“Disinterested delight permeates Petra Cortright's work. She is creating paintings, sculptures, installations, and, increasingly performances. They look and feel abstract but are in essence plainly representational, and what they represent is the experience of intellectual and aesthetic impoverishment, which perhaps is the truth of reality today. By representing this impoverished reality through form, disinterested work wants us to reflect upon the poverty of it all. That is the strange thing about this species of art. It forces us to do a lot of reflecting so that it remains disinteresting to us.”—Paul Chan discussing Cortright’s work in Spike Art Quarterly (2010)
Petra Cortright is the future. A virtual persona—as both the subject and the producer—Petra's work through the webcam captures moments that every girl with an iSight camera can relate to and understand. Petra gazes at herself in the camera, singing her favorite rave song with soft lavender light pulsating in the background, sitting in a hotel room at a desk as it begins to snow, capturing ordinary moments and blasting them with fantasy and beauty.
The artist has turned net art into fine art. A true master of color, pattern and print, her digital paintings know how to touch on every sense.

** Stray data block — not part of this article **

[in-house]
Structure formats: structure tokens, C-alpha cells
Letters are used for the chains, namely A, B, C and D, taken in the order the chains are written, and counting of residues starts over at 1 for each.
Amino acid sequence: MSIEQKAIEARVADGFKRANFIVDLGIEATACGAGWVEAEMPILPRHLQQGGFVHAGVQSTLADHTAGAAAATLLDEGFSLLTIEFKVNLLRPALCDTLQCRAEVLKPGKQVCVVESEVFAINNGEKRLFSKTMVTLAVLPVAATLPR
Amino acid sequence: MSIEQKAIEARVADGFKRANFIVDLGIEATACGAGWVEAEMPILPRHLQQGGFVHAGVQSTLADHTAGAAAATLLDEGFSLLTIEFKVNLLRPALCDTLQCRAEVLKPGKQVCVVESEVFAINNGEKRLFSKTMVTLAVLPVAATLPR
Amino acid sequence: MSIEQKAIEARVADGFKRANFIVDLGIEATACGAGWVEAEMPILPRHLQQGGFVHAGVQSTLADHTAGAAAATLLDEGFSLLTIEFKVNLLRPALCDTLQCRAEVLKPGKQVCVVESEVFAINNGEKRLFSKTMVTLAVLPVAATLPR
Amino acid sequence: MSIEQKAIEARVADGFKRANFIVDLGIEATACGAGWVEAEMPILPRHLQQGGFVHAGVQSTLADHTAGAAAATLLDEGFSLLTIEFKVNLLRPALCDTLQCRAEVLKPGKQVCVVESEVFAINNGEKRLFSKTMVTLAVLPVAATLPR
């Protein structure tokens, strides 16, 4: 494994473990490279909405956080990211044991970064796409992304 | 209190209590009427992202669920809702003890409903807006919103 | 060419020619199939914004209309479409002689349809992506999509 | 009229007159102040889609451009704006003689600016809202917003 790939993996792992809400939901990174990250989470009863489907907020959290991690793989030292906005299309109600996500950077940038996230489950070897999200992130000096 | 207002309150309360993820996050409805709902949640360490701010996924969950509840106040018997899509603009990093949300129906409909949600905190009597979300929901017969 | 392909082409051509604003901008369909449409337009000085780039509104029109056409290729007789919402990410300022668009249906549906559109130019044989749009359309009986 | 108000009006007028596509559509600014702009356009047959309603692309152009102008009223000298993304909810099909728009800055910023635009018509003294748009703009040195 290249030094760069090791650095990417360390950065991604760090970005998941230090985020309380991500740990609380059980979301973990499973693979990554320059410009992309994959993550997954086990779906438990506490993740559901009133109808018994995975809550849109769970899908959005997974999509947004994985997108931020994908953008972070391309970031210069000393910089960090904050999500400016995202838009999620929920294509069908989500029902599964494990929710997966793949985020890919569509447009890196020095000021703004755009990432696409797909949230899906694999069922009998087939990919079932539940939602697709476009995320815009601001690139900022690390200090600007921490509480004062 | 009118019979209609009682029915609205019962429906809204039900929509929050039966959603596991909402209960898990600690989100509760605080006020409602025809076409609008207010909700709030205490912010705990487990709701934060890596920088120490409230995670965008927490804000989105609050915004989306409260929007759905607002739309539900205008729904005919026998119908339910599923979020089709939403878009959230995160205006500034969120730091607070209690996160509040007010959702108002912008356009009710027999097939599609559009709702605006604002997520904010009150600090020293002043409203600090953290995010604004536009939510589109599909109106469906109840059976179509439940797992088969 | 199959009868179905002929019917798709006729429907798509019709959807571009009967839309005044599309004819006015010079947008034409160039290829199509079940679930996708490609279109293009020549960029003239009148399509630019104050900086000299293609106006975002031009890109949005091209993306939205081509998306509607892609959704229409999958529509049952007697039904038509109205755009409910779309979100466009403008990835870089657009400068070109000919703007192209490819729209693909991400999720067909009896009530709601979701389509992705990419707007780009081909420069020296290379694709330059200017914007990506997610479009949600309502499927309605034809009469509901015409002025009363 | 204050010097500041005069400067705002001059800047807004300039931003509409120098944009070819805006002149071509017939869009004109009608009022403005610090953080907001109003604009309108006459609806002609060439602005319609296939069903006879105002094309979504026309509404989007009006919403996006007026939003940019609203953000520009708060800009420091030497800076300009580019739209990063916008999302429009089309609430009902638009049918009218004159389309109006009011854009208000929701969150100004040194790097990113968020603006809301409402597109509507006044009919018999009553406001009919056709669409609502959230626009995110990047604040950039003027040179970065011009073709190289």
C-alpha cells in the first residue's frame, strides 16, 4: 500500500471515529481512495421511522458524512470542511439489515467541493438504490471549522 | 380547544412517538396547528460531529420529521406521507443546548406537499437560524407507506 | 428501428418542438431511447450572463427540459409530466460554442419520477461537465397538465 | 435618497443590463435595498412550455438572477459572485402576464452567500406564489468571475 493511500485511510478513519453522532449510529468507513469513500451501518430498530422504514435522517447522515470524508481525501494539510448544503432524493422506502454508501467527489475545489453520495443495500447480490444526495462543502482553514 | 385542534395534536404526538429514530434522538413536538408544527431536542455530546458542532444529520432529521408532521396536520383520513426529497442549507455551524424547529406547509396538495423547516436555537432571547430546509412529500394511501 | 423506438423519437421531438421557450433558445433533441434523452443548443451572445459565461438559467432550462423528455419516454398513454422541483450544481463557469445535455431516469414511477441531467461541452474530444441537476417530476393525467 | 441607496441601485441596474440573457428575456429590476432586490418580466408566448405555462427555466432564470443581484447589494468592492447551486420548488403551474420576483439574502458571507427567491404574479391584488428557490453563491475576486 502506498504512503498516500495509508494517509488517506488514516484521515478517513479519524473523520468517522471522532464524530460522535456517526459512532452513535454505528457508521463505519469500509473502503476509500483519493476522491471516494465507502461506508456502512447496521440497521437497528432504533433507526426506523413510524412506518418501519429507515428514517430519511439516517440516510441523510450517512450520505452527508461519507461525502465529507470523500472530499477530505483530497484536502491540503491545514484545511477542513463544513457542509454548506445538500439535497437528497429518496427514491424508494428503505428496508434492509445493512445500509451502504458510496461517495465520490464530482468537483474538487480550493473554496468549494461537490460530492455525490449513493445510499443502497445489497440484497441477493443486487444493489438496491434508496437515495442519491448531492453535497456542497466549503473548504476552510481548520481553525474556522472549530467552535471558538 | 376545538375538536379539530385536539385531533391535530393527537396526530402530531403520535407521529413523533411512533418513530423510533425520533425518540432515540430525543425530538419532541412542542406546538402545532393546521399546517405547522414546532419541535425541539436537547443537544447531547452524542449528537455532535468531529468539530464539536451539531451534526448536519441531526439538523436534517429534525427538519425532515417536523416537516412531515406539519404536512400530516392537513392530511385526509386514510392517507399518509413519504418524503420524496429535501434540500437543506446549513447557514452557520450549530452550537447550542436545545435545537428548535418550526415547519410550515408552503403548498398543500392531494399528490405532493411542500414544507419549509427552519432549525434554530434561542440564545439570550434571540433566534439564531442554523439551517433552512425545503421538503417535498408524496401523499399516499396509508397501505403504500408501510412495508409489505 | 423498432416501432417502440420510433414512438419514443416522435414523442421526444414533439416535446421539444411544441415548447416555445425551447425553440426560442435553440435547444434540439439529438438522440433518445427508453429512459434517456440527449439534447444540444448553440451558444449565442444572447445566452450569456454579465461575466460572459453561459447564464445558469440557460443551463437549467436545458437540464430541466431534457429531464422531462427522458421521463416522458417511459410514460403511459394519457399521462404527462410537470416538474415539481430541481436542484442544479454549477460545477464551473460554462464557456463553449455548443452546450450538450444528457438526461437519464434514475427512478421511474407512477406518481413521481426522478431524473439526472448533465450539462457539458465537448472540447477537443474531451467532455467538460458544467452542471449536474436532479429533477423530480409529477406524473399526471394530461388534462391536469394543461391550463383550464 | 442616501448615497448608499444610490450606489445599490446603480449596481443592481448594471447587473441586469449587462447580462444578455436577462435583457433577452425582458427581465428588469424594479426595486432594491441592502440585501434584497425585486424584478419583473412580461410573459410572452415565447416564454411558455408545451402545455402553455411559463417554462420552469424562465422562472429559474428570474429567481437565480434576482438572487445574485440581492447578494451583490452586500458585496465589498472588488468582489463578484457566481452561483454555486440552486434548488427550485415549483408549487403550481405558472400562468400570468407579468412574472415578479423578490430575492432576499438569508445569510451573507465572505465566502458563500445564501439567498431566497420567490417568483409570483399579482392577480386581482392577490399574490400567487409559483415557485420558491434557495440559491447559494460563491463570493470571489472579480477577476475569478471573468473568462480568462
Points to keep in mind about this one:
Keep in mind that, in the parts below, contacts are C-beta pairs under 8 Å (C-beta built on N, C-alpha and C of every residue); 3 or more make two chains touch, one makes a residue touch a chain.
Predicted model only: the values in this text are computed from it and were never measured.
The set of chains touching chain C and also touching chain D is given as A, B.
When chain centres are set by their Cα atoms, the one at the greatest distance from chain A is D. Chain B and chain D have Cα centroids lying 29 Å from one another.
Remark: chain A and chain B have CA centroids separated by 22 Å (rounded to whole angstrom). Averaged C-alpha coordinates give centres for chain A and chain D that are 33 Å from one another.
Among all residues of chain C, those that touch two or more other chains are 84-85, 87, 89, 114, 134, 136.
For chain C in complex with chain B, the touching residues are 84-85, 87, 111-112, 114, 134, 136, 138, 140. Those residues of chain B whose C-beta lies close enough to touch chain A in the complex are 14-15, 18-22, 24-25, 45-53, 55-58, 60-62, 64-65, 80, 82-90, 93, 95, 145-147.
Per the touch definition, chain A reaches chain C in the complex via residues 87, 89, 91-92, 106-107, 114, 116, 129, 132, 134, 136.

In Petra's words, “generic dreamy, dream house mood boards, flowers people would like to have at their wedding, exotic travel landscapes, and cityscapes' inspire her world. Expressed through DIY technology, she likes making advanced look easy—all in a cup of shaved ice brightly colored with inspiration from nature, synthetic magic, high fashion, beauty, the future, and the past.
When Stella McCartney discovered Petra's work she was instantly blown away. She told The Cut, “[Petra] represents the next-generation Stella girl to me in every way.” Thus a video collaboration for Stella's AW14 Collection was born. Petra's videos feature high-low roots. She takes landscape inspiration from Sim City to her experience growing up in a house on a hill with mountain views on one side and an ocean view on the other. She never had a proper studio, but she did have a computer at home. From there comes an artist to lead us across the digital tundra and the exotic gardens of fantasy and desire.
Photos courtesy of Petra Cortright.